Serving Justice

Texas Motorcycle Accident Statistics

August 19, 2022Motorcycle Accidents

In Texas and throughout the U.S., motorcycle accidents are a leading cause of severe injuries and fatalities. 

Texas Motorcycle Accident Data

Data from the Texas Department of Transportation (TxDOT) and the National Highway Traffic Safety Administration (NHTSA) demonstrates the alarming rate at which motorcycle accidents occur and the devastating destruction they cause. 

Motorcycle Accident Stats

In 2021, in Texas:

  • 521 people were killed in motorcycle accidents, 501 of which were the operators and 20 were passengers. 
  • Of those killed in 2021, 45% were not wearing helmets. 
  • There were 2319 suspected severe injuries caused in motorcycle accidents, 3,013 minor injuries, 1,520 possible injuries. 
  • Of those severely injured, 990 were not wearing helmets. 

Texas is one of the top three states with the highest fatality rate. On average, one motorcyclist dies on Texas roads every day. Between 2010 to 2017, there were more than 68,000 accidents involving motorcycles. 

Factors That Contribute to Motorcycle Accidents

Most motorcycle accidents are caused by negligence or the reckless or careless actions of a rider or another driver. Since motorcyclists are smaller in size, other motorists often fail to see them or misjudge their distance and speed. In 2021, the primary contributing factors to traffic accidents in Texas were as follows: 

Failure to Control Speed – 134,125 Accidents

This is when a person drives or rides over the speed limit and loses control of their vehicle, causing a collision. In such a situation, the party who was speeding will be held responsible for their failure to demonstrate reasonable care. 

Driver Inattention – 82,705 Accidents

Accidents caused by inattentive drivers or motorcyclists are completely preventable. Inattentive or distracted driving includes any behavior that takes your eyes and attention off the task of being alert while driving or riding. Examples of inattentive driving include talking or texting on the phone, changing the music, daydreaming, etc. 

Failure to Drive in a Single Lane – 45,743 Accidents

Drivers and motorcyclists must remain in their designated lane and not cross over or touch the lines unless changing lanes. Accidents often occur when a motorist swerves or unknowingly drifts into another lane. Lane splitting, which is riding between two traffic lanes, is illegal in Texas.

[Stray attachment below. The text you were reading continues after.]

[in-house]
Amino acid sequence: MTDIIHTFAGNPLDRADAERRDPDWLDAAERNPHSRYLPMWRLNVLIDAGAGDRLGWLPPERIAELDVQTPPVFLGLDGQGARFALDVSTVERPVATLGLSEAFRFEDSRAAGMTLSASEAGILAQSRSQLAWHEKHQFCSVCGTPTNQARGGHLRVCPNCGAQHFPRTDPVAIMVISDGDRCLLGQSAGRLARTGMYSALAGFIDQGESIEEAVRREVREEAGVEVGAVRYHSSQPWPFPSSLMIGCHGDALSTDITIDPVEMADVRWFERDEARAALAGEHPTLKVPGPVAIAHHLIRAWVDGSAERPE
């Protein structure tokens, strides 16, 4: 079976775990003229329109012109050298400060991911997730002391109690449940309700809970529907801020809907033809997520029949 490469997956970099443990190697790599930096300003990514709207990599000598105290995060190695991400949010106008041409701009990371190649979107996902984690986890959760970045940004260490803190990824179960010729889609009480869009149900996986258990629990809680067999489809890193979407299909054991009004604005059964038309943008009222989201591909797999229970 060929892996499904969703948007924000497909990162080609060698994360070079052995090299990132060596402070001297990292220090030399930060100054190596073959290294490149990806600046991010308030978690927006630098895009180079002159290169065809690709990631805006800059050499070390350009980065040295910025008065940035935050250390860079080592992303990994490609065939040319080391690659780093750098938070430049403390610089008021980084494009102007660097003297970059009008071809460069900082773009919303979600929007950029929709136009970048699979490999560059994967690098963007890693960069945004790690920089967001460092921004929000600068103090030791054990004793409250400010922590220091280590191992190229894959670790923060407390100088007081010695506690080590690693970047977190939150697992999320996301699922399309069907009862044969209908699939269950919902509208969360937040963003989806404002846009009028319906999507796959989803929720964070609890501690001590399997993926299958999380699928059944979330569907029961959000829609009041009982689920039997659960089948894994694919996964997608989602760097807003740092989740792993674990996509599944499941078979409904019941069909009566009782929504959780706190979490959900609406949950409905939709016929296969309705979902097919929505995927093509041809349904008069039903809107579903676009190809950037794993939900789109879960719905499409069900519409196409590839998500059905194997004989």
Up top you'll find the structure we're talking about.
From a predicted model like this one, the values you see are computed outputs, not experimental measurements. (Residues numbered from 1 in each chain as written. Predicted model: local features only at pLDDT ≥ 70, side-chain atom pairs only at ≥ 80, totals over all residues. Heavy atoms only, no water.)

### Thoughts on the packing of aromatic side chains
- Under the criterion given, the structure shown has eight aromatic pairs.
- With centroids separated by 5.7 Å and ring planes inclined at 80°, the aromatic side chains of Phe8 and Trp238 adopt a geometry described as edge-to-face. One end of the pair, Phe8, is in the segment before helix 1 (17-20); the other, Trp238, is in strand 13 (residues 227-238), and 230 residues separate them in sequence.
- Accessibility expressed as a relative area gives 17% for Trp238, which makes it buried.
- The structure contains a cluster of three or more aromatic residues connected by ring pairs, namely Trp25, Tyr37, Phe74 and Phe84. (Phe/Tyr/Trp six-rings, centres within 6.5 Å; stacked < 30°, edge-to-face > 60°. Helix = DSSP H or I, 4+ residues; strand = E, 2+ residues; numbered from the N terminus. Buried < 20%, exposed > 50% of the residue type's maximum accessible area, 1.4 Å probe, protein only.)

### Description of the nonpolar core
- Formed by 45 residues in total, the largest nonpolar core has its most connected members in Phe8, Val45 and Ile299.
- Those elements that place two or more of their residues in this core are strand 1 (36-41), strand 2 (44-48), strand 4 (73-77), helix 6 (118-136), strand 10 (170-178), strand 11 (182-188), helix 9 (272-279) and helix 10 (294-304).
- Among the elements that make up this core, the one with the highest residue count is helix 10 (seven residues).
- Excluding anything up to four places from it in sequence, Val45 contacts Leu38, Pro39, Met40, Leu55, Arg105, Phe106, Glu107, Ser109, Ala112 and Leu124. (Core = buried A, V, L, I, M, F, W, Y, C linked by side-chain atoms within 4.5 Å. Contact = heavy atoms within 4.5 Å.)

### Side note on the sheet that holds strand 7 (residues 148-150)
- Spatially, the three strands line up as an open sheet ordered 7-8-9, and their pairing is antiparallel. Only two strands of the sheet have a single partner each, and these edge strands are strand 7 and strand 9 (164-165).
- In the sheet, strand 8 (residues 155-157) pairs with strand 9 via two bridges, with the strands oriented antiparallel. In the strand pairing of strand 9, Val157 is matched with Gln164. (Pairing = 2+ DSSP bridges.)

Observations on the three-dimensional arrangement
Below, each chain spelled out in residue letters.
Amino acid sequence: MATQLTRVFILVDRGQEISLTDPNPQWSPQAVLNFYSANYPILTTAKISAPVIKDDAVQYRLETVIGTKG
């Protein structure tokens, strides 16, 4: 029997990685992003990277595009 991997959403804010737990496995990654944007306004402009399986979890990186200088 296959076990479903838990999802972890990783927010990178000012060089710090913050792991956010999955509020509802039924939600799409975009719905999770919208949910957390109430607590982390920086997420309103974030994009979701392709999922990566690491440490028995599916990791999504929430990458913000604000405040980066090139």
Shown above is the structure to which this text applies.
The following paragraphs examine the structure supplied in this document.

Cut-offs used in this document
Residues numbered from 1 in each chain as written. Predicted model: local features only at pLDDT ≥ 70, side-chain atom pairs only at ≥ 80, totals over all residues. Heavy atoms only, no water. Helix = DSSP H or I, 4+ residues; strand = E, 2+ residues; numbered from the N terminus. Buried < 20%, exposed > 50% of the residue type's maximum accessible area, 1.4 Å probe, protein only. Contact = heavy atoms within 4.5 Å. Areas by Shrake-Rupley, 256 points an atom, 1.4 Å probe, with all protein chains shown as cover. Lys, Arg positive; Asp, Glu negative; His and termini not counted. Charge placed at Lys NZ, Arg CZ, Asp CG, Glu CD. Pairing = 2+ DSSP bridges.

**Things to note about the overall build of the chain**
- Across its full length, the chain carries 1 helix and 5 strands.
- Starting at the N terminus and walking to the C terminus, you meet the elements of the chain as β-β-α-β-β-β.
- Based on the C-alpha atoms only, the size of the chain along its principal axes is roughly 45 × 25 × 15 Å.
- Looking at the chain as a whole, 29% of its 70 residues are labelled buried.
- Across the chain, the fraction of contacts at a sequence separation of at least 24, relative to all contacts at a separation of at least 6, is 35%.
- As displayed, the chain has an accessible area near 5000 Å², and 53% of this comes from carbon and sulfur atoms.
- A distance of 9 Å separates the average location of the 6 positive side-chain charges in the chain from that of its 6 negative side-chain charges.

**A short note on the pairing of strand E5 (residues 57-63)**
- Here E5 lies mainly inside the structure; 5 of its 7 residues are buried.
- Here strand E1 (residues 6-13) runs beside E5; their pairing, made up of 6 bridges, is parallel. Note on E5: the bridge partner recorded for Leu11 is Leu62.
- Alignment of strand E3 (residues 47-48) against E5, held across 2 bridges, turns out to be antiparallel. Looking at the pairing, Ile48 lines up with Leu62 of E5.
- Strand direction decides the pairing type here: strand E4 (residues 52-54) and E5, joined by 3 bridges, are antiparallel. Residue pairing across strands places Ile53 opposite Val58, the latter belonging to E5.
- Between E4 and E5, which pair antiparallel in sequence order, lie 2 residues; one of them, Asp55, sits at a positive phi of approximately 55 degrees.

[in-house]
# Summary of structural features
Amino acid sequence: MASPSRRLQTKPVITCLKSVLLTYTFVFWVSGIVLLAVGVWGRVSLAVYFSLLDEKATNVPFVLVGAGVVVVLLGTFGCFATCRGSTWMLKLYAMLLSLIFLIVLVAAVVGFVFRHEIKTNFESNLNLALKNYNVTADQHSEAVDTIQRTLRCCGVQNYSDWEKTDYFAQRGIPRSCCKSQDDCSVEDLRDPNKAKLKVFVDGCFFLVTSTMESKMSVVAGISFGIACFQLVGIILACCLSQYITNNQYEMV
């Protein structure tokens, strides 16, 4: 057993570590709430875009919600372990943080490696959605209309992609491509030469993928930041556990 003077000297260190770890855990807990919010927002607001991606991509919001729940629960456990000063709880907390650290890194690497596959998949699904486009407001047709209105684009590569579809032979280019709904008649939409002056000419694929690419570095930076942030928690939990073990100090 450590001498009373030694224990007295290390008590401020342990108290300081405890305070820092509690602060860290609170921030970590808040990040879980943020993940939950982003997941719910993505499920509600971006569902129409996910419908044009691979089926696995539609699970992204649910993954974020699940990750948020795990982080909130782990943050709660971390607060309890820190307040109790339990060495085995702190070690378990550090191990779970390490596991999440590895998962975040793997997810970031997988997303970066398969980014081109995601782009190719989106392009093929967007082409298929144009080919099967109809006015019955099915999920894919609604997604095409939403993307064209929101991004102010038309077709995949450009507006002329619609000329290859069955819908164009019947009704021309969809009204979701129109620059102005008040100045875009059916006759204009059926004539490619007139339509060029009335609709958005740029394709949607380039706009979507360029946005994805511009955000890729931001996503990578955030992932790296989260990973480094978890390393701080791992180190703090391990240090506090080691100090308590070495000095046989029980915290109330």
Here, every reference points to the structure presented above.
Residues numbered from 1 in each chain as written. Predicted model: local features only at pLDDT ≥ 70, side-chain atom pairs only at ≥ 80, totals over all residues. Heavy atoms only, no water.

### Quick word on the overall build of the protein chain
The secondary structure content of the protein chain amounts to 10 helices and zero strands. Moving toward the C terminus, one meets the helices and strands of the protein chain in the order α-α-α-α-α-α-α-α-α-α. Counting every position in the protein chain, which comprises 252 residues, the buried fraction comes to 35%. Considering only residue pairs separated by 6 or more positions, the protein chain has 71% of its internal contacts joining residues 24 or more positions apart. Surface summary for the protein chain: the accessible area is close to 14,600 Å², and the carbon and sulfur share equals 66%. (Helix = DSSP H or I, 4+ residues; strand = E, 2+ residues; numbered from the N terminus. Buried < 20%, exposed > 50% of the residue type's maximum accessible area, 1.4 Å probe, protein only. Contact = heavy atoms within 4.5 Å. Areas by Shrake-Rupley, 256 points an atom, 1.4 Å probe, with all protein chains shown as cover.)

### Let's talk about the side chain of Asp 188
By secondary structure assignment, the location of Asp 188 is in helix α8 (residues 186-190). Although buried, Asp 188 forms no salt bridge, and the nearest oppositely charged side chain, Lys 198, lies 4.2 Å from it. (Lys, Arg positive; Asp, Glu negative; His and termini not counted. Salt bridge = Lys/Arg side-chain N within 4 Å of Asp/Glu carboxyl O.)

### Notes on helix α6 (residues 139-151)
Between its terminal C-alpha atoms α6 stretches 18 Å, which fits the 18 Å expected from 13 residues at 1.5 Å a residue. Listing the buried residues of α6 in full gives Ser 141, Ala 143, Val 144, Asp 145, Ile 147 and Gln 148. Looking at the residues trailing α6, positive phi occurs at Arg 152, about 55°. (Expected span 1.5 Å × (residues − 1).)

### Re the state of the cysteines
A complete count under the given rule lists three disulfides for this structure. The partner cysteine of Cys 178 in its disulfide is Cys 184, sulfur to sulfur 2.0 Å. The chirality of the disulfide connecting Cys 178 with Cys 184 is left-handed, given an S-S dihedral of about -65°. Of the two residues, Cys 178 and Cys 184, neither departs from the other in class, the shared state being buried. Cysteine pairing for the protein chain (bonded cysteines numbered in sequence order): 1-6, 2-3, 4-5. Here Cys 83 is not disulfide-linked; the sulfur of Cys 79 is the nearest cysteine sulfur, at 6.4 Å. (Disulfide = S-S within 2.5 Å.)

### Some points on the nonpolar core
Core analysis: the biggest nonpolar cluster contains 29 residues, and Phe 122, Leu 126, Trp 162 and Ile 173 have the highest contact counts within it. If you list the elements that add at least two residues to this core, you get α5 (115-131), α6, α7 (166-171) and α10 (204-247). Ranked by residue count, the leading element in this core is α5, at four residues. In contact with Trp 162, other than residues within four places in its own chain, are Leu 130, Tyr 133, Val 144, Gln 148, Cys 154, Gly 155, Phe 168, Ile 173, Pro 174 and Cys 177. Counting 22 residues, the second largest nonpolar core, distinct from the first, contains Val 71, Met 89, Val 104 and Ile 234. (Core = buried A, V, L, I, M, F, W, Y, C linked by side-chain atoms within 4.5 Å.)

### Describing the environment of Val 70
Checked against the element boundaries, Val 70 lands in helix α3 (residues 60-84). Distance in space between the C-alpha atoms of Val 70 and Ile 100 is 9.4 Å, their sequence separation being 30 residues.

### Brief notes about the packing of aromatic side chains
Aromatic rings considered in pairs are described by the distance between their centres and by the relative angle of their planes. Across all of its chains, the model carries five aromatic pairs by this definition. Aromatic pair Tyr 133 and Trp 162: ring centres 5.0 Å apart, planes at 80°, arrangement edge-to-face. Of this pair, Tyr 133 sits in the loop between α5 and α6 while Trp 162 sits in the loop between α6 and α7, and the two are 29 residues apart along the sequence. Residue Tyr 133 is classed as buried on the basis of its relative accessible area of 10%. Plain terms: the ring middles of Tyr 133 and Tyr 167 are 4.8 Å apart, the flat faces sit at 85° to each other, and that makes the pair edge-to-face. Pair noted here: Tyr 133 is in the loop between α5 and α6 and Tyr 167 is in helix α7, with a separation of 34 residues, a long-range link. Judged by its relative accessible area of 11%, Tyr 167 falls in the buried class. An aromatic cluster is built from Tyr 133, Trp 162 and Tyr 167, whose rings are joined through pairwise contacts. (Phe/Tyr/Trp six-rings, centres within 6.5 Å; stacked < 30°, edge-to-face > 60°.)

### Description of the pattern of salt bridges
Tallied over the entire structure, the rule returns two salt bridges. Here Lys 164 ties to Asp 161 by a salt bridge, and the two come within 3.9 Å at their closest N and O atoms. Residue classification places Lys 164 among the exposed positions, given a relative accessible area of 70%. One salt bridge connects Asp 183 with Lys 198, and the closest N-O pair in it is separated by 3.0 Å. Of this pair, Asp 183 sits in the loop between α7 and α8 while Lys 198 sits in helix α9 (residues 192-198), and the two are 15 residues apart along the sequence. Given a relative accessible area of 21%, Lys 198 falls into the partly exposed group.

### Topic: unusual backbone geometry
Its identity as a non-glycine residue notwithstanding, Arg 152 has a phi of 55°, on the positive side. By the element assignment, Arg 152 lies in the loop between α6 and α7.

Changing Lane When Unsafe – 42,638

Failing to signal before changing lanes, changing lanes without checking if it is safe to do so, crossing multiple lanes at once, changing into a highway’s merge lane, changing lanes in an intersection, changing lanes simultaneously with another vehicle, etc. 

Failure to Yield Turning Left – 33,813

When a motorcyclist is involved in a left turn accident, it is usually a result of another driver making a left turn in front of the rider traveling straight ahead through an intersection.

Failure to Yield Stop Sign – 29,167

Although motorists are legally obligated to come to a complete stop at a stop sign and to wait for other vehicles that came first to go, many fail to yield the right-of-way. 

Safety Tips for Motorcyclists

Motorcycles do not have the same level of protection that passenger cars give their occupants. As a result, a motorcycle accident is more likely to cause severe injuries or fatalities. Here are a few safety tips that can help prevent a collision. 

  • Understand traffic laws and follow them carefully.
  • Avoid speeding and changing lanes abruptly.
  • Obey traffic lights and stop signs.
  • Keep up with the flow of traffic.
  • Keep sufficient distance from other traffic.
  • Signal before making a turn or changing lanes.
  • Ride defensively and avoid being aggressive in road maneuvers.
  • If riding with a passenger, make sure they are seated directly behind you, as forward as feasible.
  • Wear a helmet. 

Other motorists also have a duty to drive safely. This involves passing motorcycles with care, avoiding abrupt lane changes, looking in blind spots, and being extra cautious at intersections and when making turns.